[vcf-midatlantic] Working on a historical microprocessor exhibt

Adam Michlin amichlin at swerlin.com
Sun Feb 9 14:58:15 EST 2020

On 2/9/2020 2:24 PM, Dave McGuire via vcf-midatlantic wrote:
>    Bit-slice is great stuff.  There are many bit-slice chips, but the
> Am2901 essentially owned the market.  It is a four-bit unit.
>    Basically it's a processor building block used to construct a
> micromachine.  You stack them up to whatever bit width you want, and
> program them with microcode to implement whatever macro-architecture you
> want.  There are companion chips, like the Am2910 sequencer, etc.  These
> are not required but come in handy.  The sequencer can implement
> constructs like a microprogram counter, branches and jumps, etc.
>    A few examples you've heard of: The VAX-11/730 uses a row of eight
> Am2901s to implement a 32-bit VAX processor, and the DECsystem-2020 uses
> a row of nine to implement a 36-bit PDP-10 processor.  Both use
> RAM-based control stores, so when they power up they don't speak the
> VAX/PDP-10 instruction sets until after the microcode is loaded.
>    This is generally the smallest/cheapest approach to build a large
> processor.  The VAX-11/730 and DECsystem-2020 are very small, very
> low-end members of their respective families.  But the bit-slice chips
> themselves are quite fast for their day, being big hot-running 1970s
> bipolar chips.
>    It's also possible to use Am2901s (or other bit-slice chips) as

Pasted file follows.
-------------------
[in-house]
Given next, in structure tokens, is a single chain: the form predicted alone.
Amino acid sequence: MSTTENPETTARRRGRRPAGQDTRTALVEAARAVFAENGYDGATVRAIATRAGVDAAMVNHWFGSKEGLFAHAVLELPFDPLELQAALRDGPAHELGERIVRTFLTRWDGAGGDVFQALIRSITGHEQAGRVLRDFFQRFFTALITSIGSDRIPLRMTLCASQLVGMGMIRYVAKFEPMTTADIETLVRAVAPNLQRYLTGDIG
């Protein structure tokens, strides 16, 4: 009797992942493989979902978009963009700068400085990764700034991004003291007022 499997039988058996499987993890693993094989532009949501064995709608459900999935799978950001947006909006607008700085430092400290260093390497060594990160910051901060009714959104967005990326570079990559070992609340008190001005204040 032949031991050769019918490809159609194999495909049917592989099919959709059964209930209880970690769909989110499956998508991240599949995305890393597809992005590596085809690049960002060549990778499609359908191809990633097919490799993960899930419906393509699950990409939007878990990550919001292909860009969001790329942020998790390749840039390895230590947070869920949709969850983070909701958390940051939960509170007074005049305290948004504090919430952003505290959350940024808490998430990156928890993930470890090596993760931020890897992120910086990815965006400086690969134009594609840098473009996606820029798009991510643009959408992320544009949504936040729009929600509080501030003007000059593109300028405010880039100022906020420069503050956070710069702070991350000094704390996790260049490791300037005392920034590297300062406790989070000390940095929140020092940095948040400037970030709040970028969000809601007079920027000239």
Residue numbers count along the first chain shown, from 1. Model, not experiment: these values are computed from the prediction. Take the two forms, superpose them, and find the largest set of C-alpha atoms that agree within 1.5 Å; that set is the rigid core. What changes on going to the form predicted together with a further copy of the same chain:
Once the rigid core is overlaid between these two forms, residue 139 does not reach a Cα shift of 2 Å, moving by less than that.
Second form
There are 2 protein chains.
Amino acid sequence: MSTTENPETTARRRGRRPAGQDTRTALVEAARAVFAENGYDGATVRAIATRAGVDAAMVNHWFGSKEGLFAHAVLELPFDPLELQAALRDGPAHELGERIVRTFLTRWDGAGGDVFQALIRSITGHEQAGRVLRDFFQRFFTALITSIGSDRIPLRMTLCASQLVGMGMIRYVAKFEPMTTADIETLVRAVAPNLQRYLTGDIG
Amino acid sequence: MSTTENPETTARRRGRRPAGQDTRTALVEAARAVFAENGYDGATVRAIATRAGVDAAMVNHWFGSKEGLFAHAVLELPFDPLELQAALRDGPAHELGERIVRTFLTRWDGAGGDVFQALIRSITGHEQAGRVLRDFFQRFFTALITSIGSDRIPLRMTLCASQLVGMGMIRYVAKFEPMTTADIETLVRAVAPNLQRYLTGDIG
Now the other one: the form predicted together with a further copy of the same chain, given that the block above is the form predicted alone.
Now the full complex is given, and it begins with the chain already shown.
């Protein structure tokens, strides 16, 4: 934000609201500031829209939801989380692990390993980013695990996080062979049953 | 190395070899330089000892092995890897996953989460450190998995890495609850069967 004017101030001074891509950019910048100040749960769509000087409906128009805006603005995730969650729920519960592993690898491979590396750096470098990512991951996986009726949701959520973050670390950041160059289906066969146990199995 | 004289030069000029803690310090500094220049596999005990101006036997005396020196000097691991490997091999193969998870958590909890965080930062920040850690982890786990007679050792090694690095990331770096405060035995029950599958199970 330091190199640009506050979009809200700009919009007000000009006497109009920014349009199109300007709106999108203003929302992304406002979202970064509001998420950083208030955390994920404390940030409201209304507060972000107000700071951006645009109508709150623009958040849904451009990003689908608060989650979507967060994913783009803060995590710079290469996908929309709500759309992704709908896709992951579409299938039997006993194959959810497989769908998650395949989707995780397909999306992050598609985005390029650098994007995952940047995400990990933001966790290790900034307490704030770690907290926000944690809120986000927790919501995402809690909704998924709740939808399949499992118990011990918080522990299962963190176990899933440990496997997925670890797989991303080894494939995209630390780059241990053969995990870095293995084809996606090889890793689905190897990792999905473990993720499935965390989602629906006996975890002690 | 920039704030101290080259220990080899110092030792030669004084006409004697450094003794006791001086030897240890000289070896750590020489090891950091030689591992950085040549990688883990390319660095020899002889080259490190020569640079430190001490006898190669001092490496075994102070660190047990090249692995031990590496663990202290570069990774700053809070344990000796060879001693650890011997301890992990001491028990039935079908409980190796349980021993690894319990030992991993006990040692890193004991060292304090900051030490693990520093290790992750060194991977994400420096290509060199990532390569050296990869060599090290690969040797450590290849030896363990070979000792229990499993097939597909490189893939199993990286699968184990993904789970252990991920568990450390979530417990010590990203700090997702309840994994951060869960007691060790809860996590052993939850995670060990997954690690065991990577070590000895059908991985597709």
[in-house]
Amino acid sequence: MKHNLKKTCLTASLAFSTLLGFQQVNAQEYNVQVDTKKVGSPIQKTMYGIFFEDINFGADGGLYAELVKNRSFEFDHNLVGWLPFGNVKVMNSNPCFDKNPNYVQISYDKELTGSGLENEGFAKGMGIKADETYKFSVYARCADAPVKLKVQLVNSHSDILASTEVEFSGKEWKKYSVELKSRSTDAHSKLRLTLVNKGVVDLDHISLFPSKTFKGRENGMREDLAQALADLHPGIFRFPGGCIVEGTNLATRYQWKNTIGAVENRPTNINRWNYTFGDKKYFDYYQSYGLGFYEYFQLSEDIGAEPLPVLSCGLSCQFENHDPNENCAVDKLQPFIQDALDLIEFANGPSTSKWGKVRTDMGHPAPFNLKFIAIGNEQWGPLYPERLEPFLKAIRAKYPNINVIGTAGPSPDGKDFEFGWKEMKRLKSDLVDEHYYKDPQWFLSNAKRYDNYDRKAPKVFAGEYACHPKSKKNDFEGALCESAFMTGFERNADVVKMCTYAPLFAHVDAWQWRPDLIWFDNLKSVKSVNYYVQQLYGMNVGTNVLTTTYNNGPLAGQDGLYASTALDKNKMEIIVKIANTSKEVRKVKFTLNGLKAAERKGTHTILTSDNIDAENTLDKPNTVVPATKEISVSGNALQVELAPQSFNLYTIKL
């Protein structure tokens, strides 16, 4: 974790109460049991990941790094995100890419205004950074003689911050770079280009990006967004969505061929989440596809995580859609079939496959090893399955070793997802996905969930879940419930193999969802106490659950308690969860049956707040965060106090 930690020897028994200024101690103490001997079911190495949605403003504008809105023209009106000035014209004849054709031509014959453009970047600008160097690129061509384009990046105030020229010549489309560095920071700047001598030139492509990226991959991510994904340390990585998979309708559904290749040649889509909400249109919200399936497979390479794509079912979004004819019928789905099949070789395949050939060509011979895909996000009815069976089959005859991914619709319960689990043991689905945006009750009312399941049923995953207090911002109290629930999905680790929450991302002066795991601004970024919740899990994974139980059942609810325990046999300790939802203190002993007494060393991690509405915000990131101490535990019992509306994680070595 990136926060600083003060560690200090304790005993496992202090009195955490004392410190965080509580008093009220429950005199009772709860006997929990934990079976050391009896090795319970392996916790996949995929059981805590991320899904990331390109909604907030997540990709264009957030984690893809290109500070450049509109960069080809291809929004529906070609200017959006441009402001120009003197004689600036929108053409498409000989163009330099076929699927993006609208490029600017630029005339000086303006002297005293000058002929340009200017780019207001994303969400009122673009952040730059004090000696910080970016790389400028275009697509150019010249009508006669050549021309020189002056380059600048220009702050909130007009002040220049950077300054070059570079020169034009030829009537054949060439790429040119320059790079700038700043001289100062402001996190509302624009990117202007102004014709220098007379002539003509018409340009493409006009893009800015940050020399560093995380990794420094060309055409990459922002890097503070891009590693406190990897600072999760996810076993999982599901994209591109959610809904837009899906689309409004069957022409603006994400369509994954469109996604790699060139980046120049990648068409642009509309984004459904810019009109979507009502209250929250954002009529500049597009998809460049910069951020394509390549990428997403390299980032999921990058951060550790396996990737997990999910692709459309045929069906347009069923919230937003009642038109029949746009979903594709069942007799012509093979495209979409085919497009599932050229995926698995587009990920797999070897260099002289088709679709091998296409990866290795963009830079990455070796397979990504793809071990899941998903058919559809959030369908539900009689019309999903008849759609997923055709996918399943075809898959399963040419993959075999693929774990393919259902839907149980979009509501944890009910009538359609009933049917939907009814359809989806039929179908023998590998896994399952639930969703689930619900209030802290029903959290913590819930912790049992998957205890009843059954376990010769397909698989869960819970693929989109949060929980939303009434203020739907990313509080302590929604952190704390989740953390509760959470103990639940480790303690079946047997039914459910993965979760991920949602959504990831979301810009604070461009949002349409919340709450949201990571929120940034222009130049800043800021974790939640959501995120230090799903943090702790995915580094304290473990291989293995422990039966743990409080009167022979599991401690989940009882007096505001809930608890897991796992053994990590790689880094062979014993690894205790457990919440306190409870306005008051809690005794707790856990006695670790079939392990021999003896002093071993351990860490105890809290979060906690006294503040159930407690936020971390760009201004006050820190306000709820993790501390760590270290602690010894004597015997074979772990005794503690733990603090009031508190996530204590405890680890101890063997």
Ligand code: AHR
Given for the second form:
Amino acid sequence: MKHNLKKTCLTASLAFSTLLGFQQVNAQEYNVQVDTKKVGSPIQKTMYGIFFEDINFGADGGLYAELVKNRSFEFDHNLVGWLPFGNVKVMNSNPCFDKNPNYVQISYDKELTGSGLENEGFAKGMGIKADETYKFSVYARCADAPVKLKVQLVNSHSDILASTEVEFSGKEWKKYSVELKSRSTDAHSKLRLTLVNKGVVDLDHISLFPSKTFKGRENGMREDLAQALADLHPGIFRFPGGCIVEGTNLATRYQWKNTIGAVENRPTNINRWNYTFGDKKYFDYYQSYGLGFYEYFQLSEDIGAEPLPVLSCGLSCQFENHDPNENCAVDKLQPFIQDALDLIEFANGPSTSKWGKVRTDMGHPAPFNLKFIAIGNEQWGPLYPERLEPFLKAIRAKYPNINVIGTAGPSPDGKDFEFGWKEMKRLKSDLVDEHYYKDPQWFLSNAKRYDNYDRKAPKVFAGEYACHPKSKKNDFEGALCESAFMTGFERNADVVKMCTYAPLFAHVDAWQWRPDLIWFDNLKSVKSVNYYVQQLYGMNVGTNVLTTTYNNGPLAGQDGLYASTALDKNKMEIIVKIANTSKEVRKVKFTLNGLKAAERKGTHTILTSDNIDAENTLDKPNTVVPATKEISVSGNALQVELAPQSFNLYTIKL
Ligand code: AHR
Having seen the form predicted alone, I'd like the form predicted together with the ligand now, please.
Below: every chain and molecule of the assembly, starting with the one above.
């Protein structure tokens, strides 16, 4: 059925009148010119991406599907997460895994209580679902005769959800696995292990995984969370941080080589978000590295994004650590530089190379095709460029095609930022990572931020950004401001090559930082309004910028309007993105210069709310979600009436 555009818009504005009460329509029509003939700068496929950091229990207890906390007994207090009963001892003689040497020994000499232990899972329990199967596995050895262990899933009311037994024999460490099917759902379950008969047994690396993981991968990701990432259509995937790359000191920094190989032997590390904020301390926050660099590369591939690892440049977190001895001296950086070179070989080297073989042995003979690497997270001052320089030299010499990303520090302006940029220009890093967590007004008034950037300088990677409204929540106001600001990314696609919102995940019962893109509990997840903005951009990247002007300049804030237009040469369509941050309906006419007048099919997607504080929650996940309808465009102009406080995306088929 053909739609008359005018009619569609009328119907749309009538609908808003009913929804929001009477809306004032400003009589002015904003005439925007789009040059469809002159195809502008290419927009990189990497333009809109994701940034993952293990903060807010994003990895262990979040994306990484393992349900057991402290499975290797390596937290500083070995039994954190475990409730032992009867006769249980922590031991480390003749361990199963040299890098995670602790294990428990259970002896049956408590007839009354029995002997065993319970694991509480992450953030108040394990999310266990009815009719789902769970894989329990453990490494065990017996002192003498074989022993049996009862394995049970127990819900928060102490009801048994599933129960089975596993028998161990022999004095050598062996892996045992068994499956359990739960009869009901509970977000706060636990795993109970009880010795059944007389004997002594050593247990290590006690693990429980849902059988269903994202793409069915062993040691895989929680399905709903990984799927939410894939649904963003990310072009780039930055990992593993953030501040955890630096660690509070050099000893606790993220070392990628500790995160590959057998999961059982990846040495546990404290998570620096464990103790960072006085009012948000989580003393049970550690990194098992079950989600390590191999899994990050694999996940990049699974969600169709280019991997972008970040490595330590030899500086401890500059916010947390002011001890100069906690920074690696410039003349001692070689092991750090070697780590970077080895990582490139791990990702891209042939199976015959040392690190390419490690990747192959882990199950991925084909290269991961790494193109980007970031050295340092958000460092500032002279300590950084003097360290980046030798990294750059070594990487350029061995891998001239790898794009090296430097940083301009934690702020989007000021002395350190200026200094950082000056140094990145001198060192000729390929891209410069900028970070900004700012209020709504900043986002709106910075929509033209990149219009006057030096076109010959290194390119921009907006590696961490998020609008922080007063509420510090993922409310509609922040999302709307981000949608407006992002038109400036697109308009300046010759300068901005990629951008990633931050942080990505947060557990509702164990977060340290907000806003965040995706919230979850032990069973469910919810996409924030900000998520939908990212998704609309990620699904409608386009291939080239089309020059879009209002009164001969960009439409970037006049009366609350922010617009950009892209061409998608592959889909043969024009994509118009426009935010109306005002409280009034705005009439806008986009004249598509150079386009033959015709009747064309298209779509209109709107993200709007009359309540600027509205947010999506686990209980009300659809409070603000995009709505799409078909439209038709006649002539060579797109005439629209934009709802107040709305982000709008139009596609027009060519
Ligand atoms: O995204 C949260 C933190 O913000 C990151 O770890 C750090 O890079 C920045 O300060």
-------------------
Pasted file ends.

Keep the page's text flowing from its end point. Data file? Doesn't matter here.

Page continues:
> processors in their own right.  For example, many, many third-party disk
> controllers for DEC machines use a pair or a quad of Am2901s to
> implement their functionality.  In this application they typically
> aren't running microcode, but are used as more of a microcontroller with
> firmware.  The distinction is largely semantic, though, of course.
>    It's great stuff.  If you want to learn more about how all of this
> works, I recommend picking up a copy of "Bit-Slice Microprocessor
> Design" by John Mick and James Brick.  This book is/was known in the
> industry as "Mick & Brick".

That fills a huge hole in my understanding of architecture history. It 
certainly makes sense that there would be separate ICs that eventually 
merged into one discrete CPU. I just assumed it was done by the 
minicomputer manufacturers themselves. I had no idea it was AMD! Thanks!

>> I'd love to find a Zilog Z8000, but don't imagine period correct Z8000s
>> are so easy to come by. We have a Z8000 machine in the warehouse, but
>> one of the big rules for this product is that no vintage computers will
>> be harmed to make it happen.
>    Are you talking about just a Z8000 chip?  I can provide that for the
> exhibit.  It will need ESD protection, of course.

Cool, we'll talk. And not only ESD protection, but non degradable ESD 
protection is being planned.

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